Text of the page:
Mysterious wooden figures with stone eyes found in Yorkshire ditch go on display at British Museum

Mysterious wooden figures with stone eyes found by chance in a ditch in Holderness nearly 200 years ago have been loaned to the British Museum as part of the World of Stonehenge exhibition.

The Roos Carr images are around 2,600 years old, placing them in the Late Bronze Age or Early Iron Age.

Experts believe the five figures, which can normally be seen at the Hull and East Riding Museum, represent votive offerings of some kind, perhaps gods or ancestor figures.

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Found by labourers digging at Roos in 1836, they were preserved by airless waterlogged conditions six feet down in a bed of blue clay.

The figures have detachable genitalia, so could be male or female

The workmen reported finding the “warriors” - made of yew and with quartzite eyes -. along with a wooden box, a serpent-headed boat and various other wooden articles “too much decayed to remove”.

Four figures with what seemed to be arms, paddles and shields were given to the Hull Literary and Philosophical Society and eventually became part of the Hull Museums collection.

A fifth figure was acquired by the museum in 1902 - it had gone astray as one of those present at the dig had given it to his daughter as an “ancient doll”.

Curator Neil Wilkin said the figures were among his favourite artefacts in the show.

Two of the figures which are usually on display at the Hull and East Riding Museum Picture: Terry Carrott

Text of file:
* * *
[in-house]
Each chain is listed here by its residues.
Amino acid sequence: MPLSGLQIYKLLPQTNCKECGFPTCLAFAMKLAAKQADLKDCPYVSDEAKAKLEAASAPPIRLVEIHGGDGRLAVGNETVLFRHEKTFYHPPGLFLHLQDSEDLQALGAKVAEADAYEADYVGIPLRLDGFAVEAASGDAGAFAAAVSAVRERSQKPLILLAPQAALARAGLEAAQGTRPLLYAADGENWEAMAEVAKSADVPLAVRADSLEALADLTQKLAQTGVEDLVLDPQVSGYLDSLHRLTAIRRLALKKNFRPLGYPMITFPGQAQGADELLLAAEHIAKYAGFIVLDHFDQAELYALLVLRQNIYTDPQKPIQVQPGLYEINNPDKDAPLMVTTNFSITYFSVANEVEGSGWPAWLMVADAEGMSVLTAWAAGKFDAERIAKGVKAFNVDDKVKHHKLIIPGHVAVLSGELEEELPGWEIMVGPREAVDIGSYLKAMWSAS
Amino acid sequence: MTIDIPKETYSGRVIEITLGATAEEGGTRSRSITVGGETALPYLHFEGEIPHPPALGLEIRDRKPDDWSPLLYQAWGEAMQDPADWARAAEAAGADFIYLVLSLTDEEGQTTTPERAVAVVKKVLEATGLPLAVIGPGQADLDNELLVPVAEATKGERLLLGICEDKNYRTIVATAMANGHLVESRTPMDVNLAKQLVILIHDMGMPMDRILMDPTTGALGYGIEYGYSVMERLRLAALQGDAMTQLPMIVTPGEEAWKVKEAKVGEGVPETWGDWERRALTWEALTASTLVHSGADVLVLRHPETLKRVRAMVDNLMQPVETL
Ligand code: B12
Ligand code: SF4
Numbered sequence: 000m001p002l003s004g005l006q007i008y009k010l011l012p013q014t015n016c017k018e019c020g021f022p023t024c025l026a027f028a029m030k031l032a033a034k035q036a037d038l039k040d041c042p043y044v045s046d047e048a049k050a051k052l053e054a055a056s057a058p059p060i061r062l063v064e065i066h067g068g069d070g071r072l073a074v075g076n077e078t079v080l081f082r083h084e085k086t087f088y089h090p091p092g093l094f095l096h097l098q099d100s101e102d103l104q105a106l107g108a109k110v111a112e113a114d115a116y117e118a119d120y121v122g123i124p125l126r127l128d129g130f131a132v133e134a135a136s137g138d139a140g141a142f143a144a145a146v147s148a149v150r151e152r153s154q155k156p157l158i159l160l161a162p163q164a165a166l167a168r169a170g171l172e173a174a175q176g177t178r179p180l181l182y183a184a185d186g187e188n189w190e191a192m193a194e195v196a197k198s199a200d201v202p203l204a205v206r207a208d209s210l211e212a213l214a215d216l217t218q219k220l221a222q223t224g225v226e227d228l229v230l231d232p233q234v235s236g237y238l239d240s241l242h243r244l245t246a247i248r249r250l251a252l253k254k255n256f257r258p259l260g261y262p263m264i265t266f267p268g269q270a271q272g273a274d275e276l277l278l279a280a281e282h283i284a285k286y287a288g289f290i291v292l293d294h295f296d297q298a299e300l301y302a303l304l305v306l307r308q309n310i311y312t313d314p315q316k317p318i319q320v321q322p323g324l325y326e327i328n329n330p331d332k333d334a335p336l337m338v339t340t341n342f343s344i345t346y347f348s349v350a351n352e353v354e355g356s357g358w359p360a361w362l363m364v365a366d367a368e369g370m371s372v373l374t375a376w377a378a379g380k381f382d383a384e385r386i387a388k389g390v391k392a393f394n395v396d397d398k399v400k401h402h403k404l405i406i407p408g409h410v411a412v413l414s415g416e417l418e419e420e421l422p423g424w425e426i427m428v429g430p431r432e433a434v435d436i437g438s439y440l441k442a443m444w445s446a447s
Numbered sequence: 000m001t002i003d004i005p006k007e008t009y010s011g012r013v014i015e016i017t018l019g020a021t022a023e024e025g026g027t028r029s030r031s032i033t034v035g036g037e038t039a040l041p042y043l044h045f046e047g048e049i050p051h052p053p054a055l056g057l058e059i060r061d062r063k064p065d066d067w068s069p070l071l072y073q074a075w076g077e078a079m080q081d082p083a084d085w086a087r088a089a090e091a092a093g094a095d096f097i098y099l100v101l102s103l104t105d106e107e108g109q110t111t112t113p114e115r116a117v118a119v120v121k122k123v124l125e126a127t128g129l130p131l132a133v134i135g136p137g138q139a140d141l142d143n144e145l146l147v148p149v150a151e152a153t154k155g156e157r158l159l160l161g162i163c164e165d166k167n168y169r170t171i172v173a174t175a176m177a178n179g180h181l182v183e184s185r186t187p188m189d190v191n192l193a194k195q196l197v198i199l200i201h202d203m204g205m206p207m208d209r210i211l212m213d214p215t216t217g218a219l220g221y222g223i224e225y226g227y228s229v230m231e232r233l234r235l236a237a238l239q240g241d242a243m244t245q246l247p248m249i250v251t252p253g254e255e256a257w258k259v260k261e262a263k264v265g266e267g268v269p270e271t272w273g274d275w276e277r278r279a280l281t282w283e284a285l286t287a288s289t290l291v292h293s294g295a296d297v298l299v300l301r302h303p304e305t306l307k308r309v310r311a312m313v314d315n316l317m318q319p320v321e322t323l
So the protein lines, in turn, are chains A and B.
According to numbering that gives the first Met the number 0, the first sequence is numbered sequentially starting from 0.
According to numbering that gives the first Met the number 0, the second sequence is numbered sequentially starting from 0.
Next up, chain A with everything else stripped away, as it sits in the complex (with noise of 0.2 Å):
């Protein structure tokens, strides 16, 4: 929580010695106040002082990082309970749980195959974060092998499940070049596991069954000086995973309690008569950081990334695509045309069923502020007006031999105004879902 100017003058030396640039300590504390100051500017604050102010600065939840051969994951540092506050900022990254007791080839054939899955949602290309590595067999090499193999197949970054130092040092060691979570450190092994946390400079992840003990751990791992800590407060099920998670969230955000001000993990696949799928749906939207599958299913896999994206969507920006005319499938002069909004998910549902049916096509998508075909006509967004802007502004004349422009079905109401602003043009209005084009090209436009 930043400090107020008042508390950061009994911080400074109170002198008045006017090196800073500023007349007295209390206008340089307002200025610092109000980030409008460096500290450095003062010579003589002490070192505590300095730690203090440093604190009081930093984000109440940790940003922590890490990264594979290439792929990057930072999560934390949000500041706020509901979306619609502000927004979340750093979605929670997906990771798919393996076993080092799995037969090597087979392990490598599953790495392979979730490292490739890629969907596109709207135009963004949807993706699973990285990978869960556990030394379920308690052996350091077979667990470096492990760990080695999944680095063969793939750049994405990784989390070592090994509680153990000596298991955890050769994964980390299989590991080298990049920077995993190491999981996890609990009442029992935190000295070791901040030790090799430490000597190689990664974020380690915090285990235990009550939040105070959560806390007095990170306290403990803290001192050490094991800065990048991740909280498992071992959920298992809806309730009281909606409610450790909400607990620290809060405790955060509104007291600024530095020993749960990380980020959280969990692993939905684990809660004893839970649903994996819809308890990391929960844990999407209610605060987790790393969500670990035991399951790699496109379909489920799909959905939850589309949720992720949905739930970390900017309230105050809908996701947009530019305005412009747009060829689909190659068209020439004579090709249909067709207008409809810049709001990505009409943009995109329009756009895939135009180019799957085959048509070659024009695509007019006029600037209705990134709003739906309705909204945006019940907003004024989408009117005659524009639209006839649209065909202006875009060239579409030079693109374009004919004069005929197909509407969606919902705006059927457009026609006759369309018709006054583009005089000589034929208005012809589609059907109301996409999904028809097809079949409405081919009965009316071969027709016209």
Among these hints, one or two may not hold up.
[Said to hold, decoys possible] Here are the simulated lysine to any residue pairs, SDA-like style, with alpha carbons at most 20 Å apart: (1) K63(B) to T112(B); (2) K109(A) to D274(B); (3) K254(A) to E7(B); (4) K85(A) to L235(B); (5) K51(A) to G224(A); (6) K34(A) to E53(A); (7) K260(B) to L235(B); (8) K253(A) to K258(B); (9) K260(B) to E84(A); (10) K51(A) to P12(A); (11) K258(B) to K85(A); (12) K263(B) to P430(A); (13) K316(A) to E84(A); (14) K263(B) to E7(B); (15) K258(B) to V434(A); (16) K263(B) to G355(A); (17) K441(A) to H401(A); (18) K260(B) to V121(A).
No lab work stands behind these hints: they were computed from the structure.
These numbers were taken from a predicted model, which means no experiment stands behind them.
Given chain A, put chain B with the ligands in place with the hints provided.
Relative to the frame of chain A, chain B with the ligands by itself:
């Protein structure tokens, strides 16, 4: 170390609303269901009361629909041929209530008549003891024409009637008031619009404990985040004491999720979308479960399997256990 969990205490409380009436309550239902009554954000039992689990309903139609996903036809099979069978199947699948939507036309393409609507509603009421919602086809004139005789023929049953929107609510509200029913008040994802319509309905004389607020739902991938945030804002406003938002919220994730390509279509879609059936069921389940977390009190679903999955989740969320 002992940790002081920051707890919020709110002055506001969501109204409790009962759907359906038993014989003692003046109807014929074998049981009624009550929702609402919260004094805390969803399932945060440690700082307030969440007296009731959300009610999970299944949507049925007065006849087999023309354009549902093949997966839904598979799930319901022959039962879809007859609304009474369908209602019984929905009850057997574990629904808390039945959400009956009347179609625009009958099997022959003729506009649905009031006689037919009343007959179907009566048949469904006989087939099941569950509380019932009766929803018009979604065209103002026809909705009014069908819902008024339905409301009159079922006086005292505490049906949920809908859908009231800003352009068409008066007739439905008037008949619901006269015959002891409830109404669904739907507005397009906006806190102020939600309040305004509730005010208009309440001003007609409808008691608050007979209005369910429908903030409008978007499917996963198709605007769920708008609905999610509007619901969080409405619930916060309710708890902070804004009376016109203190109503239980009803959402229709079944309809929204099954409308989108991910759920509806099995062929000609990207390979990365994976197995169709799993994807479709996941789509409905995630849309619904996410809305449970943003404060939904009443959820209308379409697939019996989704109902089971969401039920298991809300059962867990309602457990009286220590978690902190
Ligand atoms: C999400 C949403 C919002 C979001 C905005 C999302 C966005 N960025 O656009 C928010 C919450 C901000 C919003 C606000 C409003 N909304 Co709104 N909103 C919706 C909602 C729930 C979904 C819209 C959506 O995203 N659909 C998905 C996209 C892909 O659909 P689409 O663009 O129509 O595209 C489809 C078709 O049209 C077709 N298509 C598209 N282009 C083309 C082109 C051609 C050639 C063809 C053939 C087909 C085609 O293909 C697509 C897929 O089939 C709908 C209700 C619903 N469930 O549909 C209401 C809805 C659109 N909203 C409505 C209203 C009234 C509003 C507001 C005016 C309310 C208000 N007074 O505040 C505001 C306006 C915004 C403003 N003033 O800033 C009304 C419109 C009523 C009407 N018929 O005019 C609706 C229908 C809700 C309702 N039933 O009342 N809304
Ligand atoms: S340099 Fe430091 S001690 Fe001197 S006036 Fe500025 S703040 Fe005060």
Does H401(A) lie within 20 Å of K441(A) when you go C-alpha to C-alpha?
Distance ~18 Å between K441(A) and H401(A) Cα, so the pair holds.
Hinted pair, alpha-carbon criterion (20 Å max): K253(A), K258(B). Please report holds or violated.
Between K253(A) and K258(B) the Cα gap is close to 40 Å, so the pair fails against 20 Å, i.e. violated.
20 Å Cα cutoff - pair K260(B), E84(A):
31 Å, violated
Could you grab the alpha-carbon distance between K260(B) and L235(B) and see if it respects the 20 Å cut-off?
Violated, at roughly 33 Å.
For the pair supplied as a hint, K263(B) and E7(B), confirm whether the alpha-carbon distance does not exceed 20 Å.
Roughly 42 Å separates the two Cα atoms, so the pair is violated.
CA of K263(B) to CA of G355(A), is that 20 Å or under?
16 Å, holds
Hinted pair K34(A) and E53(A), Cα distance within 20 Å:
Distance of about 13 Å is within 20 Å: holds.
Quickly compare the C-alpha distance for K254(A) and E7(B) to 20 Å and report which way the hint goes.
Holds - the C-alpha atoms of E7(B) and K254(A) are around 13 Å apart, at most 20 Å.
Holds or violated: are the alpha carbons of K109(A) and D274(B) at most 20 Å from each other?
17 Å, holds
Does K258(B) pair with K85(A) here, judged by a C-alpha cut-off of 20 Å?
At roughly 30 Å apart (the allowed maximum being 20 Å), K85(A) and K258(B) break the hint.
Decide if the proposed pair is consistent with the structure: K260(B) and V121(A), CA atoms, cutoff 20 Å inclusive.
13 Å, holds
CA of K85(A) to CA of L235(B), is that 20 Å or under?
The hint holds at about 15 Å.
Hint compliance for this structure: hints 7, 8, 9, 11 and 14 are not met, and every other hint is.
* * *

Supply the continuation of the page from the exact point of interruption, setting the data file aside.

They came from a period associated with increasing conflict and weaponry, across the country and Europe, and the figures were accompanied with small round shields, similar to those found in digs in Britain and Ireland.

He said: “We talk a lot about ritual and votive objects. They have striking faces and don’t feel like toys - they feel like something designed to make a point.”

The figures had removable genitalia and so could be either male or female.

Other local loans include the recently revealed Burton Agnes chalk drum, found in the grave of three children, as well as three other chalk drums from another child’s grave at nearby Folkton, in 1893.

The exhibition which runs until July 17, has had rave reviews, with The Guardian describing it “as magical as a great barrow full of glinting treasure”. One of the stand out exhibits is Seahenge, a wooden monument that recently emerged after millennia from the sands of a Norfolk beach.